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Dragon of the sea


On December 13, 1577, Sir Francis Drake set sail on an adventure — the kind that we read about in books.

A classic adventure story filled with secret missions, plundered treasures, wars, and rivalries — this briefly summarises the life of 16th century English sea captain and explorer Sir Francis Drake.

Son of a farmer, Drake took to the sea at an early age. On one of this first voyages as part of a fleet led by his cousin John Hawkins, most of the ships were destroyed by the Spanish. Thus began his lifelong enmity with them. He undertook several expeditions under the instruction of Queen Elizabeth I, with the sole aim of plundering and destroying Spanish colonies and ships. He was so infamous among the Spanish that they nicknamed him ‘El Draque’ or the Dragon.

Several of these voyages were secret missions classified as “the Queen’s secrets of the Realm.” It was top secret because to this day, no one except the Queen and Drake know exactly how much treasures he brought back from his expeditions.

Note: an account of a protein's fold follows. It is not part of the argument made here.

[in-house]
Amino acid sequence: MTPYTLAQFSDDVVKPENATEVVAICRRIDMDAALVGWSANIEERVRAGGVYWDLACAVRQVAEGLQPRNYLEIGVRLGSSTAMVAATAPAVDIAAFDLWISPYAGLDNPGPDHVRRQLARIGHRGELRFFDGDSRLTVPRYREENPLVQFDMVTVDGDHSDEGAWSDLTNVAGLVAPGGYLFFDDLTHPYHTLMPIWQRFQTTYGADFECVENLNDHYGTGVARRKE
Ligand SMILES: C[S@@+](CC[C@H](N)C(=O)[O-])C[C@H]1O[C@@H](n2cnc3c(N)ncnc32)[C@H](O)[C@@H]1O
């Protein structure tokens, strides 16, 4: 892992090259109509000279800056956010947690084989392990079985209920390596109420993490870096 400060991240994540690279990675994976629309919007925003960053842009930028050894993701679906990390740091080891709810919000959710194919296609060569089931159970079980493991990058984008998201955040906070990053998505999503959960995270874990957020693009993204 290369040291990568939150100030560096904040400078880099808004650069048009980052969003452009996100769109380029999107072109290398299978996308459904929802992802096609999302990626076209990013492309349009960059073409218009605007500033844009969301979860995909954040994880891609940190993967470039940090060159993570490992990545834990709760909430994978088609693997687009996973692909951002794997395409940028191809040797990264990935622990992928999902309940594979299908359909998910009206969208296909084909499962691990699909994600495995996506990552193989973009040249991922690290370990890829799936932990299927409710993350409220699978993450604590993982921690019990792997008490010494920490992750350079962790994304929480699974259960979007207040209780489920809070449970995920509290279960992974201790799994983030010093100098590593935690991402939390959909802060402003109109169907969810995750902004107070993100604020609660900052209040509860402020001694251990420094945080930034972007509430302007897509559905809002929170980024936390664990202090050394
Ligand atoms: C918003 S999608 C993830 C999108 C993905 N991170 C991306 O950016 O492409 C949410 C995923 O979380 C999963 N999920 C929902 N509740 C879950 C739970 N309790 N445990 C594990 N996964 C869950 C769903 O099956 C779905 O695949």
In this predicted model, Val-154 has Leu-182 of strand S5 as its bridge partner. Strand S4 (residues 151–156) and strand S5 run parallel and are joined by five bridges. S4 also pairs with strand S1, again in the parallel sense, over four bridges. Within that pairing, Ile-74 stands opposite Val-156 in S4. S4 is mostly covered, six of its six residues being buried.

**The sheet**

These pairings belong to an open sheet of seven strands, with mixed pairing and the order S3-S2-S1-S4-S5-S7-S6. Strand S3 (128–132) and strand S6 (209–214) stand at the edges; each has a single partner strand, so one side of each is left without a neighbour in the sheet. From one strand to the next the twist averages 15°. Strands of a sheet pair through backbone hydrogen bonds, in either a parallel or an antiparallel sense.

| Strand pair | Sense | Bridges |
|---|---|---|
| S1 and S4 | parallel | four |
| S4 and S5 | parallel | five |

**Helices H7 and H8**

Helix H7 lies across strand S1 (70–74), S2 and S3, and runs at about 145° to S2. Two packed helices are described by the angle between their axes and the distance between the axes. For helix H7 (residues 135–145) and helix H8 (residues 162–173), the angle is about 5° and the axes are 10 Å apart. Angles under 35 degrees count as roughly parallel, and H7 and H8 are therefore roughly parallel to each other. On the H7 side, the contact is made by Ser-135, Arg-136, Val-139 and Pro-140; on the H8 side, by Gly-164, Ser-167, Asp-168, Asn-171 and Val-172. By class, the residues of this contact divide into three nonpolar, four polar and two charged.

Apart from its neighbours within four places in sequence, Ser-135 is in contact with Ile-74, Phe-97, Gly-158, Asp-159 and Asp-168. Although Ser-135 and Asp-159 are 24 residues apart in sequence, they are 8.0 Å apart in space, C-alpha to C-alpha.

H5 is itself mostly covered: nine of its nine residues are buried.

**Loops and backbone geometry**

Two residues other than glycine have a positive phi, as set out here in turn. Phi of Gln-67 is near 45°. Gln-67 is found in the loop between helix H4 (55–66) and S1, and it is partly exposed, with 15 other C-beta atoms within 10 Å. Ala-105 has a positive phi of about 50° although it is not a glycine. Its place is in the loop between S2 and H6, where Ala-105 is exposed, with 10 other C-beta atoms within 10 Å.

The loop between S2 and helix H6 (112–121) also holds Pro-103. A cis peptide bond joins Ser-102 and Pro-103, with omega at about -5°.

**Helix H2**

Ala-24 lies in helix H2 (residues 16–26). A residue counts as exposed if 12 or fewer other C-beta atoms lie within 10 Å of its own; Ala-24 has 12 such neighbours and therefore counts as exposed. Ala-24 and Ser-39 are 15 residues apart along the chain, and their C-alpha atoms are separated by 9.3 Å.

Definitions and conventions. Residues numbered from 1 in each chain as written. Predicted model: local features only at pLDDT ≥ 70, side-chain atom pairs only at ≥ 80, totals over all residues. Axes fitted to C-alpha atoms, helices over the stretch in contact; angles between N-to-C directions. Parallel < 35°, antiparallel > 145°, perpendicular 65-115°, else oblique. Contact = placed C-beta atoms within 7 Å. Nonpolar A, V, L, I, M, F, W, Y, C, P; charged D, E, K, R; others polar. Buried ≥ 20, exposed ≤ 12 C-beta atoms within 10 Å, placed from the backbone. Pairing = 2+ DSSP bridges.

One such was a voyage he set out on December 13, 1577 from Plymouth, England. He had with him five ships and 164 men. His mission was to raid Spanish holdings on the Pacific coast of the ‘New World’ — the Americas, and explore the Pacific Ocean.

Around the world

Dragon of the sea

On reaching South America he abandoned two of his ships and then sailed through the Straits of Magellan to cross to the Pacific. Only one ship — The Golden Hind — survived. He continued sailing up the western coast of South America, raiding Spanish settlements along the way. He managed to capture a rich Spanish treasure ship.

On June 1579, he dropped anchor near San Francisco Bay to repair his ship. From there he set sail across the Pacific Ocean. The year-long journey included visits to several islands, rescue of failed colonists at Roanoke Island (the first English colony in the New World), rounding Africa’s Cape of Good Hope into the Atlantic Ocean, and finally returning home on September 26, 1580.

He brought with him heaps of seized treasures, spices and stories of sea and land.

This journey made him the first Englishman to circumnavigate the world. Marking this achievement, Queen Elizabeth I knighted Drake, in 1851.

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Printable version | Jan 28, 2020 6:27:50 AM |

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